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Featured Tullian Tchividjian Back in Active Ministry

Discussion in 'General Baptist Discussions' started by Reformed, Sep 1, 2015.

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  1. Darrell C

    Darrell C Well-Known Member
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    You think not?


    Hebrews 13:7

    King James Version (KJV)

    7 Remember them which have the rule over you, who have spoken unto you the word of God: whose faith follow, considering the end of their conversation.



    17 Obey them that have the rule over you, and submit yourselves: for they watch for your souls, as they that must give account, that they may do it with joy, and not with grief: for that is unprofitable for you.



    24 Salute all them that have the rule over you, and all the saints. They of Italy salute you.



    I, and the Writer of Hebrews, would disagree.

    So would Matthew:


    Matthew 2:6


    King James Version (KJV)

    6 And thou Bethlehem, in the land of Juda, art not the least among the princes of Juda: for out of thee shall come a Governor, that shall rule my people Israel.



    And that is something, as I said...I have a problem with: the lack of respect for Church Discipline in these liberal times.


    Ideally the Pastor is a God ordained shepherd himself. Ideally he is led by Christ and should be afforded the honor of such a hard position.


    Sure he does:


    John 21:15-17

    King James Version (KJV)

    15 So when they had dined, Jesus saith to Simon Peter, Simon, son of Jonas, lovest thou me more than these? He saith unto him, Yea, Lord; thou knowest that I love thee. He saith unto him, Feed my lambs.

    16 He saith to him again the second time, Simon, son of Jonas, lovest thou me? He saith unto him, Yea, Lord; thou knowest that I love thee. He saith unto him, Feed my sheep.

    17 He saith unto him the third time, Simon, son of Jonas, lovest thou me? Peter was grieved because he said unto him the third time, Lovest thou me? And he said unto him, Lord, thou knowest all things; thou knowest that I love thee. Jesus saith unto him, Feed my sheep.




    I wouldn't argue with that, as Church Discipline should involve the entire fellowship, however, that does not mean that the leadership of Pastors does not go without an authority over the sheep.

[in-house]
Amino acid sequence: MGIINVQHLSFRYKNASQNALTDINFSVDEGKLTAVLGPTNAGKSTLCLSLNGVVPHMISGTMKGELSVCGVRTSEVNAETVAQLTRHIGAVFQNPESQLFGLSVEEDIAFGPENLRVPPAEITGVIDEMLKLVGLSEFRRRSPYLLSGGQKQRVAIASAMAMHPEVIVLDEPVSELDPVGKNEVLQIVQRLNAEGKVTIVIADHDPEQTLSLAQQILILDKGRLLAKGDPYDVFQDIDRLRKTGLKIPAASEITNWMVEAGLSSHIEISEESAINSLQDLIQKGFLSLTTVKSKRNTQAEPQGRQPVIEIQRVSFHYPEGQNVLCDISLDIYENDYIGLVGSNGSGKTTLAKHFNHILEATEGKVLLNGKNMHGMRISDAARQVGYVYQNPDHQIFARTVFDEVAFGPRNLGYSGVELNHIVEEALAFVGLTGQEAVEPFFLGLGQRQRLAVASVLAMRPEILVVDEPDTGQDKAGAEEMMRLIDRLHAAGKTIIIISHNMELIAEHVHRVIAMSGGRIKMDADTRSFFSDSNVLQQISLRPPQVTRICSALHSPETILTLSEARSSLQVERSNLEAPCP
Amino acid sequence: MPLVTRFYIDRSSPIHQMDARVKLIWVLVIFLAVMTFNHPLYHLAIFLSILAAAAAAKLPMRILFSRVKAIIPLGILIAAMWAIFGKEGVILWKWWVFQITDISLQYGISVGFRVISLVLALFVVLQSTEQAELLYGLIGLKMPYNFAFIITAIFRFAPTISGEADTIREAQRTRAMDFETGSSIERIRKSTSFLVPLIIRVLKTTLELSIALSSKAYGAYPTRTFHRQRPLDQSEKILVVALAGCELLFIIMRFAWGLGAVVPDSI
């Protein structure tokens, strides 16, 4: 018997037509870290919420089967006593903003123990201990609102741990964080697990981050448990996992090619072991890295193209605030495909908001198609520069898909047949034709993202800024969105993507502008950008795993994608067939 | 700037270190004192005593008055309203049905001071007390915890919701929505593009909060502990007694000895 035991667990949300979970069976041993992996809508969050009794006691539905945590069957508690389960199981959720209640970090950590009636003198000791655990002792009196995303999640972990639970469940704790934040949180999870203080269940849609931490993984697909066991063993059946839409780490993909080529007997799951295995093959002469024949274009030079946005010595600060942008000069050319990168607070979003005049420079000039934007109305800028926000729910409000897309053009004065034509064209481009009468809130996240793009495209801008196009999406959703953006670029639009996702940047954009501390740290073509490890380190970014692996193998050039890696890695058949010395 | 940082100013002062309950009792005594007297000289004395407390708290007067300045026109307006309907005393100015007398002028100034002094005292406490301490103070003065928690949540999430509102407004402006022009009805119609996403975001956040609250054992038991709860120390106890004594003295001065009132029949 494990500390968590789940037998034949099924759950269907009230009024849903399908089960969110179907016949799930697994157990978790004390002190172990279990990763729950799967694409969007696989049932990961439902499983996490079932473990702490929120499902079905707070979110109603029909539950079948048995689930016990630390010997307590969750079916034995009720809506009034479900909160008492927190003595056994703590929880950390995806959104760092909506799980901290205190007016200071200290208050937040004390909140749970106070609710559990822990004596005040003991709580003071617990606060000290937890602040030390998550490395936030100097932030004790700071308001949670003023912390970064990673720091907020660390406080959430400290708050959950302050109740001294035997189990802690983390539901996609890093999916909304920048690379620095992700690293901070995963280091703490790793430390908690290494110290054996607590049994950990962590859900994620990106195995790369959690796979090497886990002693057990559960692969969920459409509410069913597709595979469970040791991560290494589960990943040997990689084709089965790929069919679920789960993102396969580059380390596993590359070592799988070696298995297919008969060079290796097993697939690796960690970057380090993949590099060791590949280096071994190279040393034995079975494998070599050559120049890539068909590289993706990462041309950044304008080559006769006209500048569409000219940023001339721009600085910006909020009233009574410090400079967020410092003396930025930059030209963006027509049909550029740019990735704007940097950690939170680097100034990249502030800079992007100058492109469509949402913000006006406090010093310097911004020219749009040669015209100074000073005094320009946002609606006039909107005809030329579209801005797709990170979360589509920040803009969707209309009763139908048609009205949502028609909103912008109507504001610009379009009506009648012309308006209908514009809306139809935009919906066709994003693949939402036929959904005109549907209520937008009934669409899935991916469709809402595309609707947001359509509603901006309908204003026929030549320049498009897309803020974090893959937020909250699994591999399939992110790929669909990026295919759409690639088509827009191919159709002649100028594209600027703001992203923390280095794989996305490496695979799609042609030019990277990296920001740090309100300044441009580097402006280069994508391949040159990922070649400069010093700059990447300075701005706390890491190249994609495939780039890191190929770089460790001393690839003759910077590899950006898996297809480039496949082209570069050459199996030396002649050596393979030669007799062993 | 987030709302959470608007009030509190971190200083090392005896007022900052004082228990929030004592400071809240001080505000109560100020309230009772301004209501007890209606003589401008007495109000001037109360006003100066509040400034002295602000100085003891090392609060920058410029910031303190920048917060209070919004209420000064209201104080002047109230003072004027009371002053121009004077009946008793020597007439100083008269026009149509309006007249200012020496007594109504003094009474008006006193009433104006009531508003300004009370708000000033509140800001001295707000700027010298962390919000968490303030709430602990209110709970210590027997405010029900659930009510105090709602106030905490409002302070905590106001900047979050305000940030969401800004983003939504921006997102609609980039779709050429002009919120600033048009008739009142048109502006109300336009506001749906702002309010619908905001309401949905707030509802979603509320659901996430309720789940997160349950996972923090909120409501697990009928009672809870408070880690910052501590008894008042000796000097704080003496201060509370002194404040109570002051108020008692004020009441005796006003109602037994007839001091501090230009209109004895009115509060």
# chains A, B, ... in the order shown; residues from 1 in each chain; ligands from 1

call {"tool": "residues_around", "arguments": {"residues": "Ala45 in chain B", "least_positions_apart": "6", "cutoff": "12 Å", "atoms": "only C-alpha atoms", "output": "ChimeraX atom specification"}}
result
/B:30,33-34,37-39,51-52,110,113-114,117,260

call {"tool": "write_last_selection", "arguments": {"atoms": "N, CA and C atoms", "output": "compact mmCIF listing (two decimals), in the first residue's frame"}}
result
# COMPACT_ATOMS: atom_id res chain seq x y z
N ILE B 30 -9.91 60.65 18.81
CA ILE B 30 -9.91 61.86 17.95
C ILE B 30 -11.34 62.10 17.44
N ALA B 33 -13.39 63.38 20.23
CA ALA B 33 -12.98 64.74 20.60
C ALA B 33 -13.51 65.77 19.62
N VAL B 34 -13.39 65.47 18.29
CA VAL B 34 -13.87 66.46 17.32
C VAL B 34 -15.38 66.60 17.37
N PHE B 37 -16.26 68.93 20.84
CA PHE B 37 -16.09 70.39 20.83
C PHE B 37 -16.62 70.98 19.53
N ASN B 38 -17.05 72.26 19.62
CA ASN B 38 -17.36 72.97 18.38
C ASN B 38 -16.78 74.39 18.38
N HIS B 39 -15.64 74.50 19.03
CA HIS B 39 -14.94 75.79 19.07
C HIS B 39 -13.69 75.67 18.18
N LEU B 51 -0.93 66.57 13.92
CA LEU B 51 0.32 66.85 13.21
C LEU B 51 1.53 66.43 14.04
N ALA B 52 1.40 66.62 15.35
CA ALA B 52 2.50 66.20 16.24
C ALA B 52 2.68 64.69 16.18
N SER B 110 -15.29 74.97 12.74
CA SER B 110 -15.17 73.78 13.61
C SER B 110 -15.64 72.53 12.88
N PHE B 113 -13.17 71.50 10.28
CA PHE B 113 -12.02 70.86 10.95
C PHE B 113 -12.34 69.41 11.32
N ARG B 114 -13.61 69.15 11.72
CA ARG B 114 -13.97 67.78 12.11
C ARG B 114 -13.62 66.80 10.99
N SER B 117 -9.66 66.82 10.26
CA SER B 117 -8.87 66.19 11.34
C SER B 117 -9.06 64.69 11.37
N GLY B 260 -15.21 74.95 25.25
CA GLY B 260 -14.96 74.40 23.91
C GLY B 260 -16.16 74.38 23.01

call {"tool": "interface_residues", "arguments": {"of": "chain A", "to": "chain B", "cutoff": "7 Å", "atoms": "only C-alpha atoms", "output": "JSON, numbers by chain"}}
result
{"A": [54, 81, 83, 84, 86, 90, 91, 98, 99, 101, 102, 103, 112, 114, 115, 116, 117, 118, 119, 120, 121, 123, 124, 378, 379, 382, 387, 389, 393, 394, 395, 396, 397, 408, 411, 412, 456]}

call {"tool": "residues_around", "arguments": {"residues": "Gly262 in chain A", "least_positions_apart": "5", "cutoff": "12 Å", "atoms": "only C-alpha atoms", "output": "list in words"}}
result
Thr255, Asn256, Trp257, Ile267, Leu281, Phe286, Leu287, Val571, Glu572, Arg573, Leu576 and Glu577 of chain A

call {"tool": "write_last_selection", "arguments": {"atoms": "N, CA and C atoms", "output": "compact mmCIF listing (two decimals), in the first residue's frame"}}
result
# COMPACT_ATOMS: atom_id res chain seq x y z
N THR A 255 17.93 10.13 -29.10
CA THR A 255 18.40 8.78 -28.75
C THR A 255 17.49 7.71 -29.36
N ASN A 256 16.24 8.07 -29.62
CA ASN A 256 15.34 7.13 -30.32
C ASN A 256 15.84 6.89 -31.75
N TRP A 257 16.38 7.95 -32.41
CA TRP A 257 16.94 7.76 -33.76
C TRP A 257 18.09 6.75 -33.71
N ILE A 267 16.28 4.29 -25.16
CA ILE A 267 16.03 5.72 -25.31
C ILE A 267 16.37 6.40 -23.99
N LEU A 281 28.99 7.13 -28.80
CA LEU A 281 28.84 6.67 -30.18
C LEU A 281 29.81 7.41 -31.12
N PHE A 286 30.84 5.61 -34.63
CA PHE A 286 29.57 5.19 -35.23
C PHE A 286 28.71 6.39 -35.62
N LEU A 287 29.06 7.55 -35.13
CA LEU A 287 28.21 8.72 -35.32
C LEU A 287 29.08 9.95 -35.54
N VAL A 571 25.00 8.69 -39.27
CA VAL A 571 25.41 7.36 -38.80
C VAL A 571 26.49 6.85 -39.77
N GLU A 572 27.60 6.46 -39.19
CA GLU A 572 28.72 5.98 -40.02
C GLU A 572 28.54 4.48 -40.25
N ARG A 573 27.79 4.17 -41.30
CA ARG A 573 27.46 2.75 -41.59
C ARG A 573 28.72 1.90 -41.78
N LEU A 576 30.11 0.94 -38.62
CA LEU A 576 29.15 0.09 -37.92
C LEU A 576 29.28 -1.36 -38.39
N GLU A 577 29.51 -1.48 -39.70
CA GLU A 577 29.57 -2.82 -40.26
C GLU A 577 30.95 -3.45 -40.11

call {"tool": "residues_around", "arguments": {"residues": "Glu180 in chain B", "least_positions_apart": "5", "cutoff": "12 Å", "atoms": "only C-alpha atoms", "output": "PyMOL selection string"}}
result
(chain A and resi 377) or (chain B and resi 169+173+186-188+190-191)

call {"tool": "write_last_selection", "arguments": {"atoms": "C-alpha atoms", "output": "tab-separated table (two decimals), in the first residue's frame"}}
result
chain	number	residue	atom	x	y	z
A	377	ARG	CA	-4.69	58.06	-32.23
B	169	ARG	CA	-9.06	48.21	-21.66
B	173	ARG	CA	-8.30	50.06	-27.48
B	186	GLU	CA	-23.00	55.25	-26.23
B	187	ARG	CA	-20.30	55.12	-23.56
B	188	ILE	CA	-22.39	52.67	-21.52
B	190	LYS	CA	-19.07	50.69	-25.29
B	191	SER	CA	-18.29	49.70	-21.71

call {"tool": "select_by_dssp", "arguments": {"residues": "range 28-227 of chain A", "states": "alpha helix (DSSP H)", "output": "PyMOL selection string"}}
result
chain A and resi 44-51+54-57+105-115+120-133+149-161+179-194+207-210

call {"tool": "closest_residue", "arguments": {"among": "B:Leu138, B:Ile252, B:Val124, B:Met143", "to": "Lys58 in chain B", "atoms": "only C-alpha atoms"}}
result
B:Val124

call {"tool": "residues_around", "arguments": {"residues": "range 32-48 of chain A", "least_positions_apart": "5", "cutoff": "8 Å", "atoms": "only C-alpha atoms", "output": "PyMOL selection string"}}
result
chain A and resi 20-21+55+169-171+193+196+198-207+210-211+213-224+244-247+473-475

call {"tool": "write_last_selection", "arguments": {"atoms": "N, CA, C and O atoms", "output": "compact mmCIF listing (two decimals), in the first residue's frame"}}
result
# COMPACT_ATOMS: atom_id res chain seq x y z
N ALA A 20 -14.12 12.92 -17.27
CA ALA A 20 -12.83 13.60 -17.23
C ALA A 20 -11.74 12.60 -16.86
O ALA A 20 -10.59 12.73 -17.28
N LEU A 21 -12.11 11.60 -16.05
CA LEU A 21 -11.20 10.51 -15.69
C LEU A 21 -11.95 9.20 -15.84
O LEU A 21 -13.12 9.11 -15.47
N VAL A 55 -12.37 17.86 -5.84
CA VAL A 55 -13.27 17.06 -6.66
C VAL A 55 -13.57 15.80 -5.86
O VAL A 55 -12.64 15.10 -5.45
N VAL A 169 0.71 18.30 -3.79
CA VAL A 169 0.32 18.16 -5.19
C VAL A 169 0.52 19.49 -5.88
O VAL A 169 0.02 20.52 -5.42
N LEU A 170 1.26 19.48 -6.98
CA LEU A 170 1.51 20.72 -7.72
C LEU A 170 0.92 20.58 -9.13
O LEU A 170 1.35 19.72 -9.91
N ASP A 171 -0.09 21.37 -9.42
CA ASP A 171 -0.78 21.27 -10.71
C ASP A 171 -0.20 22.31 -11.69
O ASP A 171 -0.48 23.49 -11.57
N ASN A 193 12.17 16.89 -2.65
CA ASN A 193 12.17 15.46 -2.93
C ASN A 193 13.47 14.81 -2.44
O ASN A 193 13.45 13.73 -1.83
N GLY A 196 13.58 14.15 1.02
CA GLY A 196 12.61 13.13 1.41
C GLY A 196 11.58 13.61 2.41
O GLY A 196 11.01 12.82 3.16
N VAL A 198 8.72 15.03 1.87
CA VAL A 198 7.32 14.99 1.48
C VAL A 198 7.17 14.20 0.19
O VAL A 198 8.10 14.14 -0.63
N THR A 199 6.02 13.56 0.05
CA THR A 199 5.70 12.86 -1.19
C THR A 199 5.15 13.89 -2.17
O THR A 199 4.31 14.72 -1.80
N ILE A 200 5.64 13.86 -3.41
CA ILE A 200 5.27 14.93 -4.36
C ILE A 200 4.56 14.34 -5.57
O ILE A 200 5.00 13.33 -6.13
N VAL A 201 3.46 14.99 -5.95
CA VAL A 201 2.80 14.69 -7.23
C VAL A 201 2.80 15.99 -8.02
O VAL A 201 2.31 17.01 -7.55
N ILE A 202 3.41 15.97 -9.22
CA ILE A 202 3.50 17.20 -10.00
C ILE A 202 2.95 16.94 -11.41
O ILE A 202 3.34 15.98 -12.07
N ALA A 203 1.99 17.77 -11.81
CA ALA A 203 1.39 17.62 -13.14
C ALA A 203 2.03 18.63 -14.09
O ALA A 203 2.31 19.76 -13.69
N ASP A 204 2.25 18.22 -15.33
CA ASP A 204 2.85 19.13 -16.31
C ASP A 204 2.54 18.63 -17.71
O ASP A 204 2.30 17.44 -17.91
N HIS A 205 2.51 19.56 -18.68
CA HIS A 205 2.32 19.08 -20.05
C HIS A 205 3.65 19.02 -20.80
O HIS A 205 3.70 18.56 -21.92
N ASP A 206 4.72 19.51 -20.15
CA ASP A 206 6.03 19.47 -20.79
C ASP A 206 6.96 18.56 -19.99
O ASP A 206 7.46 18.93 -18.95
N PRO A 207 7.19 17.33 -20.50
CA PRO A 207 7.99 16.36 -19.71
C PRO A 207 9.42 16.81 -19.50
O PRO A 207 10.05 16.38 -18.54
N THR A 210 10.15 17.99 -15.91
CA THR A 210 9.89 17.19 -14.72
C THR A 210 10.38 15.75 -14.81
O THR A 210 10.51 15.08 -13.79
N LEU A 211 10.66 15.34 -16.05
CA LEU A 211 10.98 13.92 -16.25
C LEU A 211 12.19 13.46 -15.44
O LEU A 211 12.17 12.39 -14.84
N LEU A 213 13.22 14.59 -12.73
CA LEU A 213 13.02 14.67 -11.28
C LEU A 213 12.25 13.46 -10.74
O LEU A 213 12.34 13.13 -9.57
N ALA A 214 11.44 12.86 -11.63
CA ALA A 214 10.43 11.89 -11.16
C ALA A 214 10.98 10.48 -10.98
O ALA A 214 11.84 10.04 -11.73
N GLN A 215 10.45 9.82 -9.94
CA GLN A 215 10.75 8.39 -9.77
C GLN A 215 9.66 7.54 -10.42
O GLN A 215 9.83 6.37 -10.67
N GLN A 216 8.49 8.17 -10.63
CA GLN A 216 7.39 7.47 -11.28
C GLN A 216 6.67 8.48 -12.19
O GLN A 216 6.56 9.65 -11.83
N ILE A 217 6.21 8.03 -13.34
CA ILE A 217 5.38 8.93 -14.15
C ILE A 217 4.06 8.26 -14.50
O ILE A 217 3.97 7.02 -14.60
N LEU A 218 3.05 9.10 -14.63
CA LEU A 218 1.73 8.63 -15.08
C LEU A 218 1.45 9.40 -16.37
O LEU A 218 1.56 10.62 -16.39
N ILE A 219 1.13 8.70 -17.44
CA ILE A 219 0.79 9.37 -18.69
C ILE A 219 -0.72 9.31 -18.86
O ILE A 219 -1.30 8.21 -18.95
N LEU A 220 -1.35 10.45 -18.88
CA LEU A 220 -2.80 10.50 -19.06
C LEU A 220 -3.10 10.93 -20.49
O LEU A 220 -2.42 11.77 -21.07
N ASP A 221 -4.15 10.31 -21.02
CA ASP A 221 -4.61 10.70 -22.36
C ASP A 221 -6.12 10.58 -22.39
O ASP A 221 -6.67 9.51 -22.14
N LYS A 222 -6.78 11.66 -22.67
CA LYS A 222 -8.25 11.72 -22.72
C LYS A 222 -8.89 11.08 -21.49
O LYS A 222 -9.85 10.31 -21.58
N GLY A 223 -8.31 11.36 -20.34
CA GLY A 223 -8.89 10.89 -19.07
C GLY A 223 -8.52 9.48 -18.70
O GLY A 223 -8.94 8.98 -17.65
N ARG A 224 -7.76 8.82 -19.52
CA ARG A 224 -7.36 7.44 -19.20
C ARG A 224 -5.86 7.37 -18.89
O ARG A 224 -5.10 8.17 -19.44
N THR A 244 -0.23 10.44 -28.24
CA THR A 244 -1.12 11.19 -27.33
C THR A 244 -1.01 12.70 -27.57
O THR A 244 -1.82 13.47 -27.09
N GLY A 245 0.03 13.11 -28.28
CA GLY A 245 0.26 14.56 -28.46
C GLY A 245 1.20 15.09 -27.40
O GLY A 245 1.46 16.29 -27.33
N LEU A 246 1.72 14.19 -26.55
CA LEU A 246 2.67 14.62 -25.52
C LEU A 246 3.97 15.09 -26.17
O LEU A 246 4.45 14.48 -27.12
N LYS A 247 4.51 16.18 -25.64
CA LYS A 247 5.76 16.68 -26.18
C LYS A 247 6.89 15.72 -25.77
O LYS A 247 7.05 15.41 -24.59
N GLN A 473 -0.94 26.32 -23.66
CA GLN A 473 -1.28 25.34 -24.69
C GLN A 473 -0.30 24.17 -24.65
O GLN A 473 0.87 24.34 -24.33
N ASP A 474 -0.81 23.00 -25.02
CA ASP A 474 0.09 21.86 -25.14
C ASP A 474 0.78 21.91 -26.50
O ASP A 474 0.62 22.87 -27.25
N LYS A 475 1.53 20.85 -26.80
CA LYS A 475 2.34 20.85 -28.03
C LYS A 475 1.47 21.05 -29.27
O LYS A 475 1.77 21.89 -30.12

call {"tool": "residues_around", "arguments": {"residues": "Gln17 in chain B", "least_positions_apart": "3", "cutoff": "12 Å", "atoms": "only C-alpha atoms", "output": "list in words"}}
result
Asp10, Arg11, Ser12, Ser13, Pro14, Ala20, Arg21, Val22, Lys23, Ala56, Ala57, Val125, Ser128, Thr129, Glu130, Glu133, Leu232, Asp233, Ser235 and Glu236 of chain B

And just to remind you and those proof-texting their position with passages dealing with leadership...why do you think one must rule his own household well before being appointed?


    1 Timothy 3

    King James Version (KJV)


    4 One that ruleth well his own house, having his children in subjection with all gravity;

    5 (For if a man know not how to rule his own house, how shall he take care of the church of God?)



    Do you think the command here does not demand the head of the household rule? And all that implies with rule? Protection, provision, but also authority?


    1 Thessalonians 5:12

    King James Version (KJV)

    12 And we beseech you, brethren, to know them which labour among you, and are over you in the Lord, and admonish you;

    13 And to esteem them very highly in love for their work's sake. And be at peace among yourselves.


    And I see that as a two-edged sword, really, being a division of those who do not honor the role of Pastor, and those who idolize them.

    But, these are issues that were present in the Body since the First Century, hence Paul's exhortations and rebukes.


    Well, at least try to recognize what is said.


    If you say so.

    Just do me a favor and show my thinking in regards to the above passages is skewed.


    Relevance?


    Could you tell me who Paul appealed to when he said...


    1 Corinthians 5:4-5

    King James Version (KJV)

    4 In the name of our Lord Jesus Christ, when ye are gathered together, and my spirit, with the power of our Lord Jesus Christ,

    5 To deliver such an one unto Satan for the destruction of the flesh, that the spirit may be saved in the day of the Lord Jesus.



    Has that changed?

    It is a Biblical pattern to see men of God acting alone in authority. But the point is simply that the Pastor holds a unique position in the Church Body, and that he has an authority that should be both recognized and honored. Quite possibly the toughest job in the world...


    So who establishes the Doctrinal positions of a Church, usually?

    And to imply that I advocate a tyranny for Pastors is ridiculous. I have never intimated this. The Body is a single Body, but, perhaps you forget that most bodies...

    ...have heads.


    But will you repent?

    You demand it of others, do you demand it of yourself?


    Relevance to my statement?

    Did I say there was?


    I made that point already in this thread. Actually...over and over and over, lol.


    You have not made that a valid point, nor substantiated it with Scripture.

    You esteem your judgment above that of leaderships actually involved. Perhaps, if you actually knew this man, you might take a different position.